The roots of Filipino indiscipline | | Philippine News
Home  » Others » Panorama » The roots of Filipino indiscipline

The roots of Filipino indiscipline

By Alfredo N. Mendoza V

Illustration by Oteph Antipolo


While the Philippines is known the world over for its warm, friendly people, thanks to social media, foreigners have recently caught up on how Filipinos really are among themselves, how they run their country, and how they live their lives without, ah, filters.

Only real Filipinos who’ve lived long enough, however, would agree that the Filipino is his own worst enemy. And this is especially true when we talk of discipline—something that Filipinos seem to lack or take for granted.  Ironically, discipline is often the card Filipinos play when they want things to go their way.

If you sit and pass the time in a public place in Manila and try to observe everything at face value, it’s very likely that you’ll see more than one thing that’s amiss—a broken or erratic stoplight, columns of cars not giving way to each other, waves of jaywalkers, deteriorated public utilities, illegally parked cars—and these are only just some of the manifestations of Filipino indiscipline.

But can we really blame ourselves for being ourselves?  Are we really innately ill-mannered and ill-disciplined as a people, or did historical circumstances turn us into what we’ve become today?

Social aspect

While it can be considered an individual matter, lack of discipline can also be traced to several social factors.  Crescencio Doma Jr., a sociologist from University of Santo Tomas (UST), explained that all attitudes and human behavior developed as a reaction to certain stimuli from the environment.

“Impatience is basically a reaction to a dysfunction in a given [social] system.  People become impatient only when their needs are not satisfied at a given time.  At the same time, it can be traced to the absence of clear policies and implementing rules that would ensure a positive response from people towards law,” said Doma.

An example would be the simple act of falling in line.  How often have we experienced being cut by someone else in front of the line? How many times have we done it ourselves? Doma explained that people have a passive and lax attitude toward laws because they don’t consider certain offenses as “serious.” Instead, they think of these infractions simply as “agreeable” offenses similar to “white lies.” That also explains why Filipinos abroad seem to be disciplined—because in other countries, offenses, whether small or large, are generally frowned upon and are no way “agreeable” or acceptable.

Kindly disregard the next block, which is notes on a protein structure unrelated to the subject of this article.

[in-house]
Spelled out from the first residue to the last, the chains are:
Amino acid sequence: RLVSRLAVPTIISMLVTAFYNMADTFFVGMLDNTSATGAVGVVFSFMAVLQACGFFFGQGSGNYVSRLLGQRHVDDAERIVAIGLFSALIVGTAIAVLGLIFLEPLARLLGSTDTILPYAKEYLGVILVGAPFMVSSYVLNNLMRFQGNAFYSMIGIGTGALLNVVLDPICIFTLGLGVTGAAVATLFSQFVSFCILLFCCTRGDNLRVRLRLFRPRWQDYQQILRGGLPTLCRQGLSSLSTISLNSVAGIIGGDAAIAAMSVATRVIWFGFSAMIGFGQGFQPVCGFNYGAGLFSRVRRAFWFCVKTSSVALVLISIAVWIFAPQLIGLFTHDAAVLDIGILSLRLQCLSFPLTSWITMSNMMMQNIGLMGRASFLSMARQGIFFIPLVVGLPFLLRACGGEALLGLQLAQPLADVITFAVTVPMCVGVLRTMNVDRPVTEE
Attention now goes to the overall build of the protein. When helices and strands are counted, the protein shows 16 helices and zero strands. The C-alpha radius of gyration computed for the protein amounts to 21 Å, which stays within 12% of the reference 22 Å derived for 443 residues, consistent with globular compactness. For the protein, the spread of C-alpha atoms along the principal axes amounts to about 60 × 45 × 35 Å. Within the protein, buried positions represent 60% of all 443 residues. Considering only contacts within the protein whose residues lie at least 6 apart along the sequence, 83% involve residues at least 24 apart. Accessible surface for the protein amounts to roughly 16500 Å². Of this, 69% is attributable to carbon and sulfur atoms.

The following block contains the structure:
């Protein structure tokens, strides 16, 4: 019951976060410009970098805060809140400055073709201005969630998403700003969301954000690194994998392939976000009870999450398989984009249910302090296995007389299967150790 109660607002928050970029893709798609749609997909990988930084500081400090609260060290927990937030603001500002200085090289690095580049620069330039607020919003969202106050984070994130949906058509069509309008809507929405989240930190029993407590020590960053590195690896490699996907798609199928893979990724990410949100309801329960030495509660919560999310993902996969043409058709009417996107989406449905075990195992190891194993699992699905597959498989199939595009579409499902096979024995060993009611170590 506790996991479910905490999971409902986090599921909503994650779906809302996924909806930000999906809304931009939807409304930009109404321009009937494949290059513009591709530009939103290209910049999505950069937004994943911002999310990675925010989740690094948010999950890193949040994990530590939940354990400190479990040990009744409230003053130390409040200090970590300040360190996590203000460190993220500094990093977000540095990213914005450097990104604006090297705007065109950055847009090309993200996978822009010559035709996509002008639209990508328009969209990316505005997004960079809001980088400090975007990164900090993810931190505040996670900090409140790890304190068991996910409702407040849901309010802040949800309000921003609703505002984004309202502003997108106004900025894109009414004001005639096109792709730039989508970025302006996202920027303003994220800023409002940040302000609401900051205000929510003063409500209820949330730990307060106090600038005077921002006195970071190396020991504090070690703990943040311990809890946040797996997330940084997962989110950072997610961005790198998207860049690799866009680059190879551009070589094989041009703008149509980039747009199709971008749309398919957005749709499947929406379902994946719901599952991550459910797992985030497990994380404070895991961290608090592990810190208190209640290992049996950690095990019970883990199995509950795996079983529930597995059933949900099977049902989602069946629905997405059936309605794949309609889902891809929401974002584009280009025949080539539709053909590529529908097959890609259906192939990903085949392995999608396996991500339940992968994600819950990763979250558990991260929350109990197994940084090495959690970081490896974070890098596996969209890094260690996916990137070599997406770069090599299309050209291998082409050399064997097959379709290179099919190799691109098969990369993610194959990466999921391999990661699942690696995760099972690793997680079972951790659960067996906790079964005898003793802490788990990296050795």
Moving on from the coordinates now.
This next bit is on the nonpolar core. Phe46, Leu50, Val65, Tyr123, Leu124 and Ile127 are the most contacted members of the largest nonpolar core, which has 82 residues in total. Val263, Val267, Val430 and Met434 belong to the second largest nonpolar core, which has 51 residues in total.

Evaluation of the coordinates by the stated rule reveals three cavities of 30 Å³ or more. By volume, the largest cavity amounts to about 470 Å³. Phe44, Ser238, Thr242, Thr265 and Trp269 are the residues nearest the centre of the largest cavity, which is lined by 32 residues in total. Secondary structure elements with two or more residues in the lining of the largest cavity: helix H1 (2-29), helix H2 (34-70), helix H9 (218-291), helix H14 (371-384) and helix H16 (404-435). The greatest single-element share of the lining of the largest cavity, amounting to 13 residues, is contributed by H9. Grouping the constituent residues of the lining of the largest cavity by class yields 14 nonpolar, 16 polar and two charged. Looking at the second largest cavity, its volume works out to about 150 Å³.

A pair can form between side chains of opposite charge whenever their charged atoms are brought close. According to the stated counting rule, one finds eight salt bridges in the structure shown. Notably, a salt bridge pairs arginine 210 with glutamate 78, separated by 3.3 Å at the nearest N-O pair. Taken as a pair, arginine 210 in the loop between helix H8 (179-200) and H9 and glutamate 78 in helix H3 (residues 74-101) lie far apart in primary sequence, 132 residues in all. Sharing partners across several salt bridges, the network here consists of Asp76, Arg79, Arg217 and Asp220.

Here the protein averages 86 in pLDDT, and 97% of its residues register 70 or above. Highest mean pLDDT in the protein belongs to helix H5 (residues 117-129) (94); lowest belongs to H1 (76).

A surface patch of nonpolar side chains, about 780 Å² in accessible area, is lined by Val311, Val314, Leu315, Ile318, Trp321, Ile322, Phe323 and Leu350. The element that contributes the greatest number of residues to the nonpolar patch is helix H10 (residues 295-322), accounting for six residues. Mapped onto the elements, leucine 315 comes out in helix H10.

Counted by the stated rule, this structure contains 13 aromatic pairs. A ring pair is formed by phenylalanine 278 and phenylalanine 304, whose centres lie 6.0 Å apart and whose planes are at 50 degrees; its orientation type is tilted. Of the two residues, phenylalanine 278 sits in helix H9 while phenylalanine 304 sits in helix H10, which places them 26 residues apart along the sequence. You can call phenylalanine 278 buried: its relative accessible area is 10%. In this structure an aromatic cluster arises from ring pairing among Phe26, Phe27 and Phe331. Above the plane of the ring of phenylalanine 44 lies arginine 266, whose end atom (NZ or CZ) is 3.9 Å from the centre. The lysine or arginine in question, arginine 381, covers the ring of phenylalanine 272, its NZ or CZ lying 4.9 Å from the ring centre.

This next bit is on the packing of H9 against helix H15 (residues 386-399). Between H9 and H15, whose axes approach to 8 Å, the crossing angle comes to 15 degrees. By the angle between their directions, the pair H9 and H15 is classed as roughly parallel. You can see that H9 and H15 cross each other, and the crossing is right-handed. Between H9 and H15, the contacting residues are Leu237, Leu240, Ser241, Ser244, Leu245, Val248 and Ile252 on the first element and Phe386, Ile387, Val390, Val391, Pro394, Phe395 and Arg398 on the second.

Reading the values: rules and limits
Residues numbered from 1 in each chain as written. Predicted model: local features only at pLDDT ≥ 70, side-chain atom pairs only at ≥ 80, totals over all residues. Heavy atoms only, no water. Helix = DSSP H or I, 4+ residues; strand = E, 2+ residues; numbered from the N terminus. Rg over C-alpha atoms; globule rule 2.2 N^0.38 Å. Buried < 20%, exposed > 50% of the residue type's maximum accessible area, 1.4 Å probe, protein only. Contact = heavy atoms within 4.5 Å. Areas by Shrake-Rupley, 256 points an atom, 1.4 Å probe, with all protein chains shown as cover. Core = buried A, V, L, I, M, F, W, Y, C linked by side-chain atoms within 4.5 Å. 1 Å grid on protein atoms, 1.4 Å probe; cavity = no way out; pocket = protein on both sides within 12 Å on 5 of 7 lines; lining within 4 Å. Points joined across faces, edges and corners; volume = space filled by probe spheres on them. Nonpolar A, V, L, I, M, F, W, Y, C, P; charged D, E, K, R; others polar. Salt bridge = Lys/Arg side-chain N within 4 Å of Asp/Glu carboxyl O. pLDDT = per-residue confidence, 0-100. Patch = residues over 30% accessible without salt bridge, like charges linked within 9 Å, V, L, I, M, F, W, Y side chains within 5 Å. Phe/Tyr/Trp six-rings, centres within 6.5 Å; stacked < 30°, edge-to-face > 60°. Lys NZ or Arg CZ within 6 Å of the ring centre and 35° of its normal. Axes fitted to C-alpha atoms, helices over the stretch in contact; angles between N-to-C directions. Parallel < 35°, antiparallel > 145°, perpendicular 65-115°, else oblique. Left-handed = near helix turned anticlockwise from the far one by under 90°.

“Laziness, on the other hand, is a reaction to the inability of the [social] structure to provide the needed opportunities where one can fully exercise or make use of his or her capacities,” said Doma, a former chair of the Sociology Department of UST’s Faculty of Arts and Letters.

He added that laziness can be attributed to the bahala na and mañana attitudes, fatalistic and uniquely Filipino responses that are seriously unprofessional and counter-productive.  Laziness and impatience make for a bad mix when paired with other negative Filipino attitudes like “Filipino time,” ningas-cogon, and the one-day millionaire attitude, also known as ubos-ubos biyaya, bukas nakatunganga attitude.

“Philippine society lacks a strong sense of role modeling.  While we do not discredit the good examples shown by some people in the past as well as today, we cannot deny the fact that there are glaring incidents that would show people that ignoring laws or socially acceptable practices will do them no good,” said Doma, who’s currently based in the United Arab Emirates as an administrative assistant of a leading hospital in Abu Dhabi.

According to the Social Learning Theory, a treatise of Stanford University’s Albert Bandura, one of the pioneers of behavioral and social psychology, an individual learns through various direct methods, but primarily through observation of models.

“Most of the behaviors that people display are learned either deliberately or inadvertently through the influence of example.” pp. 5, Social Learning Theory, Bandura, 1971, Stanford University.

Bandura also explained in the said treatise that people are sometimes incentive-motivated individuals who perform acts based on what they know would be most beneficial to them—in the case of Filipino jaywalking, convenience, corruption, easy money without too much labor.

Indolence through Rizal’s eyes